Tahlia (mother of Mitchell and Mikayla): The fact that my partner and I, being young, has added a bit of a strain to our relationship. I suppose, especially from my partner’s point of view, he was still hanging out with the boys, so that was very important to him.
Rahnia (mother of Allirah and Ashtyn): I was 19 when I fell pregnant, and I turned 20 in the May and had Allirah in the July so I was still, I think, quite young. Shocked by how full-on it was; I didn’t realise that a baby was 24/7.
Chantelle (mother of Seth): I was 19 when I had him and I still thought I was too young. I still think I am too young, but I am dealing with it a lot better than what I thought I would.
Tahlia: We’ve had to mature really quickly. It’s been a big step from being young yourself to having to bring up your own children now. You can’t live life just living it for yourself.
Selena (community development worker, mother of 3): We have the playgroups every week, but then once a month we also organise an educational workshop. So applied for funding and developed some programs. All of our parents are under 25. We try to give them the information and the support that, if they’re looking for something, we can give them a hand to find what they’re looking for, but essentially we don’t look for it for them.
Chantelle: My mum was 16 when she had me, so it’s not new, it’s just that we’re hearing more about it now.
Young dad: They can’t accept that young people can have kids…
Selena: We had planned on having kids early so that when they were still quite young I was still quite young, and I could go and do whatever I liked. But she was planned at 19, but I still got from the nurses ‘You’re a teenage mum, you’re doing the wrong thing’ blah blah blah, but I had a mortgage and a marriage, but they didn’t see that; they saw the 19.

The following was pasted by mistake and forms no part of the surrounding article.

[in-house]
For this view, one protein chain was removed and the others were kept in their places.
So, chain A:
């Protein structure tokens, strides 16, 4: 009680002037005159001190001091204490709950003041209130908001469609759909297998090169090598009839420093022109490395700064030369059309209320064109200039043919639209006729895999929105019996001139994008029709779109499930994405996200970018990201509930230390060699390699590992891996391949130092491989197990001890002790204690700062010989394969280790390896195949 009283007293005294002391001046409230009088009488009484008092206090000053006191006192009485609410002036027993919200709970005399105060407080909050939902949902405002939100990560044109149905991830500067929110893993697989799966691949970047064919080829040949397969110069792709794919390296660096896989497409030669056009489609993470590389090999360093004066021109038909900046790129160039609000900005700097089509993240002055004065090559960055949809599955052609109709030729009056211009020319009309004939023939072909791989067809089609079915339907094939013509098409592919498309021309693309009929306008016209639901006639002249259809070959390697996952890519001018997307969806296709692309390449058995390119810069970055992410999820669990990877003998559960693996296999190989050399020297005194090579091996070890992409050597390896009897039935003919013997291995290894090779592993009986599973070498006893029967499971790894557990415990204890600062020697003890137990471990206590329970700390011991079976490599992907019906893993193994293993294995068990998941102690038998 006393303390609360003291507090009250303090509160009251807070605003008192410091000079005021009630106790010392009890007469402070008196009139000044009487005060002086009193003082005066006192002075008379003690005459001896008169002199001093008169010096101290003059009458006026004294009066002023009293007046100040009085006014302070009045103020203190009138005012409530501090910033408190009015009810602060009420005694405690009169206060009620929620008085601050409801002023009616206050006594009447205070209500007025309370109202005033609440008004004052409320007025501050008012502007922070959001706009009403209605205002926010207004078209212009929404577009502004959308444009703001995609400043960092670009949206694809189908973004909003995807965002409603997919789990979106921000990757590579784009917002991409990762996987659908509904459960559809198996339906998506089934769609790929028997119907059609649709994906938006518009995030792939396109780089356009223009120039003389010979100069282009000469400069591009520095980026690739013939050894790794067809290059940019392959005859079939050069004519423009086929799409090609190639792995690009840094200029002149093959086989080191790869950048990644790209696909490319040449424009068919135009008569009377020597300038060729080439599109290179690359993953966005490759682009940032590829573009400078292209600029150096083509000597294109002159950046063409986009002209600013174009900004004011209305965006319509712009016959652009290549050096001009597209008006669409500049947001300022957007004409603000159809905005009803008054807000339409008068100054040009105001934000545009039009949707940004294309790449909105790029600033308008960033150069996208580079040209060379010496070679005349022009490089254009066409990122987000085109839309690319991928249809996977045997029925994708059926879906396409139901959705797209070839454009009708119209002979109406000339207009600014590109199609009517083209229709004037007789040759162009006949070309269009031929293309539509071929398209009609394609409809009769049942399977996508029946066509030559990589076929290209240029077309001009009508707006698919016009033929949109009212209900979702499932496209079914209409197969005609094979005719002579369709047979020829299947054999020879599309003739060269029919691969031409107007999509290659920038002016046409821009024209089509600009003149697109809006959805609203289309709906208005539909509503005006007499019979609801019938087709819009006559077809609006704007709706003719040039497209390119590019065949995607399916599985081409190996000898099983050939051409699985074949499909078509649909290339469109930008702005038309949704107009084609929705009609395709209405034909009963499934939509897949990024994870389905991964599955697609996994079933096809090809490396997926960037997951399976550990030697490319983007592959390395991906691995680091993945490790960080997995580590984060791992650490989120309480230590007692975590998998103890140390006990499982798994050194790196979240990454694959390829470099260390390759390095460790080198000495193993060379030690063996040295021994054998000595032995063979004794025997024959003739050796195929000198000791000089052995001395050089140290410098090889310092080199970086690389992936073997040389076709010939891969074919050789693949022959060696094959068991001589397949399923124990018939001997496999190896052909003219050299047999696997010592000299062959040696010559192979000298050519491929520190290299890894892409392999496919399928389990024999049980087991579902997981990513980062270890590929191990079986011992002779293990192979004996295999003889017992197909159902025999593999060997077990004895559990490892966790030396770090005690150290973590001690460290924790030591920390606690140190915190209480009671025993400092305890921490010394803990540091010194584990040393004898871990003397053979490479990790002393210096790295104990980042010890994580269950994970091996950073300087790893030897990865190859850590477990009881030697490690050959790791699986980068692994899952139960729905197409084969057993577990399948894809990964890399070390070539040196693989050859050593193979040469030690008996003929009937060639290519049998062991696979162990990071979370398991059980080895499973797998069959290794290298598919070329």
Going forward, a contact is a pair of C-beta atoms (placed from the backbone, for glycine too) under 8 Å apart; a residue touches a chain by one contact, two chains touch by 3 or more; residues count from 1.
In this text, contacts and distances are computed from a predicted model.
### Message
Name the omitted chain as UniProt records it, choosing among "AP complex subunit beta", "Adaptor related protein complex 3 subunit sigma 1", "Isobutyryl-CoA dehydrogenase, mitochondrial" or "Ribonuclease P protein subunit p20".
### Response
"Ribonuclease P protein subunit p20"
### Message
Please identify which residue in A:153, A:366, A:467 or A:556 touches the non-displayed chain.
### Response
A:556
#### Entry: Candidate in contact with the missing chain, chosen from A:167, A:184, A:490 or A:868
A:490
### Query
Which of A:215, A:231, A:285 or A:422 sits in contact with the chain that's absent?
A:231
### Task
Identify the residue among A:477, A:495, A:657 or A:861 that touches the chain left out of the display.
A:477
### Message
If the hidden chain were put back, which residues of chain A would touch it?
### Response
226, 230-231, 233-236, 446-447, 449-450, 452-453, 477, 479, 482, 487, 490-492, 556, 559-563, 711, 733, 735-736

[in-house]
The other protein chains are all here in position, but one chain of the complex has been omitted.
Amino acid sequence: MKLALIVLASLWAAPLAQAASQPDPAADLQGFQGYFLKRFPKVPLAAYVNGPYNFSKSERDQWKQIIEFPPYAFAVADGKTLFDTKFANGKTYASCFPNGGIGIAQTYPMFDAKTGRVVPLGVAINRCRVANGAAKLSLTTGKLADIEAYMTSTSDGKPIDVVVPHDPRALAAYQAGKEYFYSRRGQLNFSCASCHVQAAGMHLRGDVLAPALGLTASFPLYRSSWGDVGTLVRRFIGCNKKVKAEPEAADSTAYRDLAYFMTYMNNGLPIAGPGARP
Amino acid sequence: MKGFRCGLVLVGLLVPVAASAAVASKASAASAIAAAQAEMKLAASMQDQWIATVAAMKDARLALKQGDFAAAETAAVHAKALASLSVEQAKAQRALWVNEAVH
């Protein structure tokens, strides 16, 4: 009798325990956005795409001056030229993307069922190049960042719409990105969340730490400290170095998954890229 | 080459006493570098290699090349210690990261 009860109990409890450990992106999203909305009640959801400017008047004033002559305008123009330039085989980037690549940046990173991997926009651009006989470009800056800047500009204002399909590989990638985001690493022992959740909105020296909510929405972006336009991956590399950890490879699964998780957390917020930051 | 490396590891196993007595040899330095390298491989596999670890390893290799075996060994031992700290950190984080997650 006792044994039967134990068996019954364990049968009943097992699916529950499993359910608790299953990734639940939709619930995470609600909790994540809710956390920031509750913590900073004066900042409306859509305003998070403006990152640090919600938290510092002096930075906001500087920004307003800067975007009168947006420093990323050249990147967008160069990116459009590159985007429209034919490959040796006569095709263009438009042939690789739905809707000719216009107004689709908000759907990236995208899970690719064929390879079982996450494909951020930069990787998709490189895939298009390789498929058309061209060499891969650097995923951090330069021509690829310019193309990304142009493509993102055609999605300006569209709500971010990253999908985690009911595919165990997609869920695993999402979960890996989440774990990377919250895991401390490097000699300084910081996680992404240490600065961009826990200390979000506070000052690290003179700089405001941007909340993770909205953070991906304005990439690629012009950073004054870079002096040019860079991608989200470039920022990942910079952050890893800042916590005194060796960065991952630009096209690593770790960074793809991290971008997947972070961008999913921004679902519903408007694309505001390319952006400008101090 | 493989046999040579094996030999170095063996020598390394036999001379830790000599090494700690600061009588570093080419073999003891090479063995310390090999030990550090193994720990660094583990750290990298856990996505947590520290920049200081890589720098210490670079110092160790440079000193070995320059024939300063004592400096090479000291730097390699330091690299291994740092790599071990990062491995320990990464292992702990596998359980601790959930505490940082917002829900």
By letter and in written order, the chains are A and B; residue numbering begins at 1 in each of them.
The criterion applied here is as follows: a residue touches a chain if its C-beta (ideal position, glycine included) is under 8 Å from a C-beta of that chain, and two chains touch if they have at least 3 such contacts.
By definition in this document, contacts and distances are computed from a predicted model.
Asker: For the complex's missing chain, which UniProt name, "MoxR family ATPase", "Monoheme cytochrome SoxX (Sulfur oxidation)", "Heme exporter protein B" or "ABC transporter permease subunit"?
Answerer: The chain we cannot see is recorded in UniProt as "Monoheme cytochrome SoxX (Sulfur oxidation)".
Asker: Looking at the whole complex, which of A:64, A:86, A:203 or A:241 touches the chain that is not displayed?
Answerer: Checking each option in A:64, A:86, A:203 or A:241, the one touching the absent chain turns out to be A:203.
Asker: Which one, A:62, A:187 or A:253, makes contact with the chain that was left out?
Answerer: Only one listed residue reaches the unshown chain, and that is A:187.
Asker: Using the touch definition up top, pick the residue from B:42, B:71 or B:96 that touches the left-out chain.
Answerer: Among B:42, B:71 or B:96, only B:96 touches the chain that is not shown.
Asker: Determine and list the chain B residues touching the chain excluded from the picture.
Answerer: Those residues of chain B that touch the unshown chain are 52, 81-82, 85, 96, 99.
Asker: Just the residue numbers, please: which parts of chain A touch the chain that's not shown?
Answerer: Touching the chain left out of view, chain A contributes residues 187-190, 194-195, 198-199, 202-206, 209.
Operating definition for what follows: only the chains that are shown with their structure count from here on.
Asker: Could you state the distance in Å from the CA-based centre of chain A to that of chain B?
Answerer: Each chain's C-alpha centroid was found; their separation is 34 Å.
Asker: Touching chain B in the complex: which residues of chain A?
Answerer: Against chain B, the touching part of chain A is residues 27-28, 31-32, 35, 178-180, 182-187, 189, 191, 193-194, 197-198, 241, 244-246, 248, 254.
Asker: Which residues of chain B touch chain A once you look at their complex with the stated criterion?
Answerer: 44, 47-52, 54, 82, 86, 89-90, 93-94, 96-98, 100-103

Justin (father of Mitchell and Mikayla): We lost the chance to go out and spend that time with our friends, what everyone is doing. In a way I didn’t mind it so much because you had something to go to work for every day and it made it sort of worthwhile.
Sarah (mother of 3, stepmother of 2): Since we’ve had our children he’s just dramatically changed a lot. His way of parenting, the different aspect of a father, it’s pretty much just blew him right back and I’m quite proud of it.
Ashley (father of 5): I always said to myself when I was a kid, you know, I’m not having kids and that. I’m being man enough to make them, I’m man enough to be there for them, so yeah.
Sarah: Every time the boys come over and go ‘Come on Doula, come out’ he ‘d be like ‘No, I’ve got to stay home with the boys, I’ve got to stay home with my kids, I can’t go’. So that was a pretty big first step that he took.
Ashley: When she had my other son I was there for his birth, and my mum teased me, like I started crying and that, because it was the first time I had seen him born.
Sarah: I basically said ‘There you go, there’s your kids, it’s your turn; I’ve had my fun, it’s your time to have your fun’, so I basically turned it around and pushed him into it. He got used to it and we just fell into a routine and then it’s pretty much stuck.
Ashley: I don’t want my son to live in that environment, you know what I mean? I want to get him away from everything. I want him to grow up and get a good job and a good woman and a house and a couple of grandkids there running around.